How To Set Up CICD On Bitbucket Pipelines With SalesforceDX And Delta Deployment

Revamping our CICD process with SalesforceDX and Bitbucket Pipeline with the following initial setup.

Authentication method – authorize an org and grab the sfdxurl to be stored as repository variable in Bitbucket

sfdx force:auth:web:login 
sfdx force:org:display --verbose

There would be two token types

force://<refreshToken>@<instanceUrl> 
or 
force://<clientId>:<clientSecret>:<refreshToken>@<instanceUrl>

Copy the SFDX Auth URL which will be the second type. Create a repository variable AUTH_URL in Bitbucket and store the copied value.

Echo the AUTH_URL to a file then authenticate with with sfdxurl:store

echo $AUTH_URL >> /tmp/sfdx_auth.txt
sfdx force:auth:sfdxurl:store -f /tmp/sfdx_auth.txt -s -a dxpipeline

Grab the latest sfdx tool and install.

wget https://developer.salesforce.com/media/salesforce-cli/sfdx-linux-amd64.tar.xz 
mkdir sfdx-cli 
tar xJf sfdx-linux-amd64.tar.xz -C sfdx-cli --strip-components 1 
./sfdx-cli/install

Next, to compare delta files – there is node tool available in github that does delta comparison between hash commit or branch. Install the sfdx-git-delta app

npm install sfdx-git-delta@latest -g

Finally I incorporated these to my git workflow

On a Pull Request – I want to run a delta comparison and do an empty check only that my delta files changes are deployable and does break any unit tests.

First checkout a temporary branch from the feature branch

git checkout -b some-pr-branch

Next, run the tool to create a delta comparison from that branch to the target branch.

sgd --to some-pr-branch --from origin/staging --repo . --output .

The tool should create a package.xml/destructiveChange.xml file based on the diff on their respective directory.

Next convert the source format to mdapi so we can run a transactional deploy.

sfdx force:source:convert --manifest=package/package.xml --outputdir=convert

After conversion, do an empty check deploy and run the unit test

sfdx force:mdapi:deploy --deploydir=convert -c -l RunLocalTests -w 30

Below is the complete Pull Request script.

image: atlassian/default-image:2

pipelines:
  pull-requests:
    'feature/*': # Pull request from feature branch to Staging
      - step:
          name: "Staging Pull Request Validate Package"
          script:
            - echo "QA Pull Request Validation"
            - wget https://developer.salesforce.com/media/salesforce-cli/sfdx-linux-amd64.tar.xz
            - mkdir sfdx-cli
            - tar xJf sfdx-linux-amd64.tar.xz -C sfdx-cli --strip-components 1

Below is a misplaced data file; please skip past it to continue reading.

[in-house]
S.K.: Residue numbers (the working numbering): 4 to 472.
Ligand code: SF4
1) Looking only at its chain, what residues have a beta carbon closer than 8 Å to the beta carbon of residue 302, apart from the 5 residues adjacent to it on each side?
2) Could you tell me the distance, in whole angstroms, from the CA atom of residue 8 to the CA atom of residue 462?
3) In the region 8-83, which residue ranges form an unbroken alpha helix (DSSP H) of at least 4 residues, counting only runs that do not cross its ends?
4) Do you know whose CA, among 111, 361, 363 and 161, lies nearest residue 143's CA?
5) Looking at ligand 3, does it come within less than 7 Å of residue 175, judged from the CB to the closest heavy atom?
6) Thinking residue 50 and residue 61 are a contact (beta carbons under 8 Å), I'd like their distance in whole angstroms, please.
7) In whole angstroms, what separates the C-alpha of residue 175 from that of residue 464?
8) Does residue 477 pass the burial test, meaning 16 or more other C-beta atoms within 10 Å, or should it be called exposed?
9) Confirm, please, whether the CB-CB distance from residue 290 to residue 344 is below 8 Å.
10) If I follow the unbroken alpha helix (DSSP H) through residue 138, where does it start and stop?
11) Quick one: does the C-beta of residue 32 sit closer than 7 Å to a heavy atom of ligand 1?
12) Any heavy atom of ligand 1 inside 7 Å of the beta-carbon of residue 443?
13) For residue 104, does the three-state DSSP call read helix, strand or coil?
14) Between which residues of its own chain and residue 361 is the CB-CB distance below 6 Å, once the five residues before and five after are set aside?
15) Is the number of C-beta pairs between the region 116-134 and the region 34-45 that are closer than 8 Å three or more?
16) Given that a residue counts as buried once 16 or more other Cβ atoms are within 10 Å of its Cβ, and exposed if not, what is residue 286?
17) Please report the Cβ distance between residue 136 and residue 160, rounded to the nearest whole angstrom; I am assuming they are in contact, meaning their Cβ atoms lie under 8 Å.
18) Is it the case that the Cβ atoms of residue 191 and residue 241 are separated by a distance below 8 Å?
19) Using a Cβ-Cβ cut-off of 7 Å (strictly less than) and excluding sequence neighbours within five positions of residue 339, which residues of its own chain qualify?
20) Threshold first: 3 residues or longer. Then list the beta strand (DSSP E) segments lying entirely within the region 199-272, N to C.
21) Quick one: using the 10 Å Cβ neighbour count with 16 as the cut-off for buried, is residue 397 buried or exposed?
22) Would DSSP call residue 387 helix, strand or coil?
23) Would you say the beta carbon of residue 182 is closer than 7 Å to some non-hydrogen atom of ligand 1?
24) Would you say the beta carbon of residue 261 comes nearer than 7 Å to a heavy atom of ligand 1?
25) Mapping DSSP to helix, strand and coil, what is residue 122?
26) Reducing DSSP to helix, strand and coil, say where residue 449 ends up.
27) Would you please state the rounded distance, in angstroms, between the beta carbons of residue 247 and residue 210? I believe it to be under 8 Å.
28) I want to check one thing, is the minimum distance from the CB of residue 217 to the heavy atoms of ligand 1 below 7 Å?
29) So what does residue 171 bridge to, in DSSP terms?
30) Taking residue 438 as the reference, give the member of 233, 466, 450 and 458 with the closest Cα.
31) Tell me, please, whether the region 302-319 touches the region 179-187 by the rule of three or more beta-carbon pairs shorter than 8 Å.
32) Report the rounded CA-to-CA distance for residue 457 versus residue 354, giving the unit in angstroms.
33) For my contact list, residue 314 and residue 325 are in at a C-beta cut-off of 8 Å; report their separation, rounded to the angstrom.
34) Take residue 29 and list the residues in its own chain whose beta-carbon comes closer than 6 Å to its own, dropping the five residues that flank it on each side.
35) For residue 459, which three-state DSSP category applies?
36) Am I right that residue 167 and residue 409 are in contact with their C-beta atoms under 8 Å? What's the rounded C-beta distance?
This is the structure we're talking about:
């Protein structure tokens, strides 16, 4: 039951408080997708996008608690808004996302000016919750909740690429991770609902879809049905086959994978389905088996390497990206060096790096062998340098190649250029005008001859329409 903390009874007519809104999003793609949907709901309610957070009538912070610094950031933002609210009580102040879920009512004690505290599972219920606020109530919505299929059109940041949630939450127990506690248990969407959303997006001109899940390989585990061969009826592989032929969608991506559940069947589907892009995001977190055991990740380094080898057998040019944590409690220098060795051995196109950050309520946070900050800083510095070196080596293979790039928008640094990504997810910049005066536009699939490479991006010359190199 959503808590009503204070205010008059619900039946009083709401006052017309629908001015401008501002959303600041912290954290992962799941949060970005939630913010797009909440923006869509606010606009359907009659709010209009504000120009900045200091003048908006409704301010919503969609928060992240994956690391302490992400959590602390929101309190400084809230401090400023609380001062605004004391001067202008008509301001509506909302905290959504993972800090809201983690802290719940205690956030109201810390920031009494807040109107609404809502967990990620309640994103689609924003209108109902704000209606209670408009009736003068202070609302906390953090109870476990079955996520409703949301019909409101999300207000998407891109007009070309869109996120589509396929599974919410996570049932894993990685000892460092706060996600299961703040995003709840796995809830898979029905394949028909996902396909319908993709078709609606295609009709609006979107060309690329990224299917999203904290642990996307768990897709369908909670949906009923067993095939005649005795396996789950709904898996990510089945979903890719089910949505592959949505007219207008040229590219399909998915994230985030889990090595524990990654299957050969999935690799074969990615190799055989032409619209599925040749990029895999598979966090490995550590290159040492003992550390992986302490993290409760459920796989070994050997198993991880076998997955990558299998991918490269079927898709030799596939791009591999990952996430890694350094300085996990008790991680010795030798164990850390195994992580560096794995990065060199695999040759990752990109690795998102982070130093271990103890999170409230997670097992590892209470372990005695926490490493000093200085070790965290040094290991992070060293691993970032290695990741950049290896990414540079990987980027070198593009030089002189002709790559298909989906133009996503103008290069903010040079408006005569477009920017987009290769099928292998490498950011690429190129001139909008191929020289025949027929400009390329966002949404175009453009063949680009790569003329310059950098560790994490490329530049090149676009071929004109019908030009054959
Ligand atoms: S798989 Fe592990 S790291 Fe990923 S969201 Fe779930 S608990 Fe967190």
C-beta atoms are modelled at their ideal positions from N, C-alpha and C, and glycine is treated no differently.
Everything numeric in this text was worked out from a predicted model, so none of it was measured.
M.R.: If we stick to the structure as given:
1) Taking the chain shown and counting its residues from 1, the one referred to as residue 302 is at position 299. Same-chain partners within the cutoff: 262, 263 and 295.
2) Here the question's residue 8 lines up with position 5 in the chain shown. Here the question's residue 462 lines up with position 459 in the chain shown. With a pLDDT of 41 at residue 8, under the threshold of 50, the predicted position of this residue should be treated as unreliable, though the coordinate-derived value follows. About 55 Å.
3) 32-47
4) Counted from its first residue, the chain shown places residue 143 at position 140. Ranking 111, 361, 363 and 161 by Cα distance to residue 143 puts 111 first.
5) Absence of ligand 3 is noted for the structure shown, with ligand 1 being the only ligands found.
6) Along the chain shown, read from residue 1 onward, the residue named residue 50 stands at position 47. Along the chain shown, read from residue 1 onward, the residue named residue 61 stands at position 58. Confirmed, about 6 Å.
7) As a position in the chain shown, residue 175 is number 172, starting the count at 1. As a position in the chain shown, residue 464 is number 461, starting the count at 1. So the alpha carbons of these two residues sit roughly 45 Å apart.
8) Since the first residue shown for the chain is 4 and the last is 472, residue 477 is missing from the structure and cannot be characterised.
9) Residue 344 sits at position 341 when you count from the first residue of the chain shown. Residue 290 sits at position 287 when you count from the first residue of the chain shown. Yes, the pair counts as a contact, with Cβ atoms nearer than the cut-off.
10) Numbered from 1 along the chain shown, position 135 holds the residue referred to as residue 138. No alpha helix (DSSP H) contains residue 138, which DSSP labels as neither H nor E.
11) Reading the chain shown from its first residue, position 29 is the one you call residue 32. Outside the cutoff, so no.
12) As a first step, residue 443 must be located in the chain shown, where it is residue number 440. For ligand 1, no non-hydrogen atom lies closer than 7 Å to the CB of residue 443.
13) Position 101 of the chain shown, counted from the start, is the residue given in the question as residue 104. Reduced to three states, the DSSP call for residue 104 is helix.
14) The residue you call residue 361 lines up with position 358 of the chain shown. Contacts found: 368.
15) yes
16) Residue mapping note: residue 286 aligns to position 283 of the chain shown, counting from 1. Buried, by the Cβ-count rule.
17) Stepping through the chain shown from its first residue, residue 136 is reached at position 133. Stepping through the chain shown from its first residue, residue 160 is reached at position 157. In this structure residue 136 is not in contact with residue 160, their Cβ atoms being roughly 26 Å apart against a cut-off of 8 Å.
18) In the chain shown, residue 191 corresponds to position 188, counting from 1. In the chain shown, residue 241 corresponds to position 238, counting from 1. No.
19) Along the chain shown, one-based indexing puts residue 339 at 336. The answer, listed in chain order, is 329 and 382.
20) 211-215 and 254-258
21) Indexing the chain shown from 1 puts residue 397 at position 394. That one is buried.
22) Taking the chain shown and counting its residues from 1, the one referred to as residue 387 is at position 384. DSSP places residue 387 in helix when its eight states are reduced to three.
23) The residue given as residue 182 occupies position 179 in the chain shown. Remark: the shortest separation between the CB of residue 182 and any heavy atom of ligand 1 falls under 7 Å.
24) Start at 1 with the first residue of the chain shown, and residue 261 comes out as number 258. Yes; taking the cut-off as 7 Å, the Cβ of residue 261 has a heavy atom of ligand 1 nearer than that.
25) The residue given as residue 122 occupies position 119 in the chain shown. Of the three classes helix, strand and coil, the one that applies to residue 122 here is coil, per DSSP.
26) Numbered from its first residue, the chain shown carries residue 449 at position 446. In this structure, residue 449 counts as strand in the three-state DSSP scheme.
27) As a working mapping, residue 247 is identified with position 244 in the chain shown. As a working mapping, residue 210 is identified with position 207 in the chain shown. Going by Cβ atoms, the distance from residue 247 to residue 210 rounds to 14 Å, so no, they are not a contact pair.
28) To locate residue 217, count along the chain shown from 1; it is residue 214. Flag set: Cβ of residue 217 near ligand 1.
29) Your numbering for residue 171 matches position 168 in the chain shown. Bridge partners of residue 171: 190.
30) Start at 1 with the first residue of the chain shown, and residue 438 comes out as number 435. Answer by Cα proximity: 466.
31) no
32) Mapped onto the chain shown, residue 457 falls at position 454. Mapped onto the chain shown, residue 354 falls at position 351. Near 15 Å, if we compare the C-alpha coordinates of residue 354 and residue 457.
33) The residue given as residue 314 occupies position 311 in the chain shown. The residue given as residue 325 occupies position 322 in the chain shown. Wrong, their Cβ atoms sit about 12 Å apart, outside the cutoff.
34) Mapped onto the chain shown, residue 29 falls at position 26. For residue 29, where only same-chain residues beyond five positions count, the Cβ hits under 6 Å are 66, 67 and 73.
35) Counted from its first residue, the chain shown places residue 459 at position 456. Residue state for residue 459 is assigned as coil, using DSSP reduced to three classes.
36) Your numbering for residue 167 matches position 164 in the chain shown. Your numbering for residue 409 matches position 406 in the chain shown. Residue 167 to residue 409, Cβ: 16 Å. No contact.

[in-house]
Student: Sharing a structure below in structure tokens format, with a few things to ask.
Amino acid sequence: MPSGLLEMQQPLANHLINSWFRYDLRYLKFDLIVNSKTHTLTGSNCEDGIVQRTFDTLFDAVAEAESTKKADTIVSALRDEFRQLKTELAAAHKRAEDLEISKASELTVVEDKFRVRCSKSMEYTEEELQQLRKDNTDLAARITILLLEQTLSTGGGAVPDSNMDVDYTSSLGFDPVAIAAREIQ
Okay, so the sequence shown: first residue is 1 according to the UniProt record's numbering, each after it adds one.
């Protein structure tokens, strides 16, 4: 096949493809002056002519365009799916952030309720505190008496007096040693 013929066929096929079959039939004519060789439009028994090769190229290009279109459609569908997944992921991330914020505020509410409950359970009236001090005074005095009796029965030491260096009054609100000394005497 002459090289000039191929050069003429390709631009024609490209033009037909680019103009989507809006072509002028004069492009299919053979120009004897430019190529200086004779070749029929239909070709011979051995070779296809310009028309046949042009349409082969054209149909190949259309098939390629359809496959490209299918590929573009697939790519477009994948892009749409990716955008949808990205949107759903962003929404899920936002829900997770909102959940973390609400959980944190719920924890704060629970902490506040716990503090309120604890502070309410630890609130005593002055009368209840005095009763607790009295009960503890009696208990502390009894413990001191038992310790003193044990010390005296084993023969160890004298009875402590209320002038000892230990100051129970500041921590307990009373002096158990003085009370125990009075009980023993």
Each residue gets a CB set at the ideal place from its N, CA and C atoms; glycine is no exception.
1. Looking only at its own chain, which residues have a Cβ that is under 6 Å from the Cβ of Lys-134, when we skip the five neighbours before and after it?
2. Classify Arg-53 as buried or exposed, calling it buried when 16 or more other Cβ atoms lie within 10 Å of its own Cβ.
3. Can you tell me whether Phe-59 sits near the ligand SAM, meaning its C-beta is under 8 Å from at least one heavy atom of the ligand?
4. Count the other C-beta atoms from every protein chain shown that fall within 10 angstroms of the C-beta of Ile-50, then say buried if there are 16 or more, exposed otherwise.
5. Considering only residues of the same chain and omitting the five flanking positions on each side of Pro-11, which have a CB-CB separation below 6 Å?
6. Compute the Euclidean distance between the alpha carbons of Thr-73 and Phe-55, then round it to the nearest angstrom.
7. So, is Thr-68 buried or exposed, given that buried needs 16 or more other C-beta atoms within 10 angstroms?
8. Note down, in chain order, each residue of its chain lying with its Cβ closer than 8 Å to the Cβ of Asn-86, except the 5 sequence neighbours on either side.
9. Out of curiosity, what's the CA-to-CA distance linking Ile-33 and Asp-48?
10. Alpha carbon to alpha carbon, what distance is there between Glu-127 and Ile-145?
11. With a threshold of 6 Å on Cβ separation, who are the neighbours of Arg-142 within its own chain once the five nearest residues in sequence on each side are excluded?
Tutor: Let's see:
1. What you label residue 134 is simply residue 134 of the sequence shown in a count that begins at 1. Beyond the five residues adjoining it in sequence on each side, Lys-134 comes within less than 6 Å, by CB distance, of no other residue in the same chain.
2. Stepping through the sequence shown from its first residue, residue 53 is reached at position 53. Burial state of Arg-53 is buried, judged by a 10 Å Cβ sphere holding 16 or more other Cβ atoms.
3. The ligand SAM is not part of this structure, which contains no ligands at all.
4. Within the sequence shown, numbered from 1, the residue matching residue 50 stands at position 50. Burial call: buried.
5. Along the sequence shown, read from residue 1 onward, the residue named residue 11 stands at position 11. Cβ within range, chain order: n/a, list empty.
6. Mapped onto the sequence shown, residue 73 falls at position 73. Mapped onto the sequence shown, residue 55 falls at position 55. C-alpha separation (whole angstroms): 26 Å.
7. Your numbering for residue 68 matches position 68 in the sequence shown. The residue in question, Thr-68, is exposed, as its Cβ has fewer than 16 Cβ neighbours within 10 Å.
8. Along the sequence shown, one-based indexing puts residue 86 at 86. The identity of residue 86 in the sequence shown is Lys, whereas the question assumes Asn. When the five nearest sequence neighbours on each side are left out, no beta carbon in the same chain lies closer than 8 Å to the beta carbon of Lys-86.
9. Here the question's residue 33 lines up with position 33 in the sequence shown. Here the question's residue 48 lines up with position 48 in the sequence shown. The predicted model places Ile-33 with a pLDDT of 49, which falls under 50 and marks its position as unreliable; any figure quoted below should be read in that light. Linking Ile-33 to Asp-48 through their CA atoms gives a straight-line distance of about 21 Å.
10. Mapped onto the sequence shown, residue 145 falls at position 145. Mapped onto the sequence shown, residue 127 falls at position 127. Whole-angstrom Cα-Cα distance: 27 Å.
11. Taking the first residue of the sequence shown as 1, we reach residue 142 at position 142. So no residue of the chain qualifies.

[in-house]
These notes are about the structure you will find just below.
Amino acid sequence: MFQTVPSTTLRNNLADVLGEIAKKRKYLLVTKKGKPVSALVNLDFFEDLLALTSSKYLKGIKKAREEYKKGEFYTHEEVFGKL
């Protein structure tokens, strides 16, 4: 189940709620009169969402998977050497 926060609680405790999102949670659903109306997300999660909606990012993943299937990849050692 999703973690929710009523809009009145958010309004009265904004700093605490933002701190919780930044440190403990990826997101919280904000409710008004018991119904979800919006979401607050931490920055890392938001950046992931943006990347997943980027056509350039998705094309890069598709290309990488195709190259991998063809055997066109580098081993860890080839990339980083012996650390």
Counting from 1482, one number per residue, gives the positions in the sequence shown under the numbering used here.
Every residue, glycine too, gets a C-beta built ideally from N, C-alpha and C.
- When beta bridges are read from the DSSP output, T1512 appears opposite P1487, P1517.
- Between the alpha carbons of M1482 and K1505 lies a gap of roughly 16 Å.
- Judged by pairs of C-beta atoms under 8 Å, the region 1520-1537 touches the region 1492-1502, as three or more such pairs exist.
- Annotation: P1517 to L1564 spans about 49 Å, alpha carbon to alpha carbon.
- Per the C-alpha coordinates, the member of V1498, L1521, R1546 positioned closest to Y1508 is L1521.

- ./sfdx-cli/install
            - echo $AUTH_URL >> /tmp/sfdx_auth.txt
            - sfdx force:auth:sfdxurl:store -f /tmp/sfdx_auth.txt -s -a dxpipeline
            - npm install sfdx-git-delta@latest -g
            - git checkout -b some-pr-branch          
            - git --no-pager diff --name-status some-pr-branch  origin/staging
            - sgd --to some-pr-branch  --from origin/staging --repo . --output .
            - echo "--- package.xml generated with added and modified metadata ---"
            - cat package/package.xml
            - sfdx force:source:convert --manifest=package/package.xml --outputdir=convert 
            - echo "---- Validating delta package  ----"
            - sfdx force:mdapi:deploy --deploydir=convert -c -l RunLocalTests -w 30

On Push to the branch – I ran similar steps with the only exception that I compare the current branch to the staging branch and not do an empty check or run the test classes as I already ran them.

Below is the complete Push script.

image: atlassian/default-image:2

pipelines:
  pushs:
    staging: 
      - step:
          name: "Deploy to Staging"
          script:
            - echo "Deploy to Staging"
            - wget https://developer.salesforce.com/media/salesforce-cli/sfdx-linux-amd64.tar.xz
            - mkdir sfdx-cli
            - tar xJf sfdx-linux-amd64.tar.xz -C sfdx-cli --strip-components 1
            - ./sfdx-cli/install
            - echo $AUTH_URL >> /tmp/sfdx_auth.txt
            - sfdx force:auth:sfdxurl:store -f /tmp/sfdx_auth.txt -s -a dxpipeline
            - npm install sfdx-git-delta@latest -g
            - git checkout -b dev          
            - git --no-pager diff --name-status some-pr-branch  origin/staging
            - sgd --to dev  --from origin/staging --repo . --output .
            - echo "--- package.xml generated with added and modified metadata ---"
            - cat package/package.xml
            - sfdx force:source:convert --manifest=package/package.xml --outputdir=convert 
            - echo "---- Validating delta package  ----"
            - sfdx force:mdapi:deploy --deploydir=convert -w 30

Hope you find this useful. Hit me up on the comments below for any questions.

How To Use Javascript Promise with Aura/Lightning Components

Javascript Promises has been around for a while but only got the chance to use it on a current project I am working on.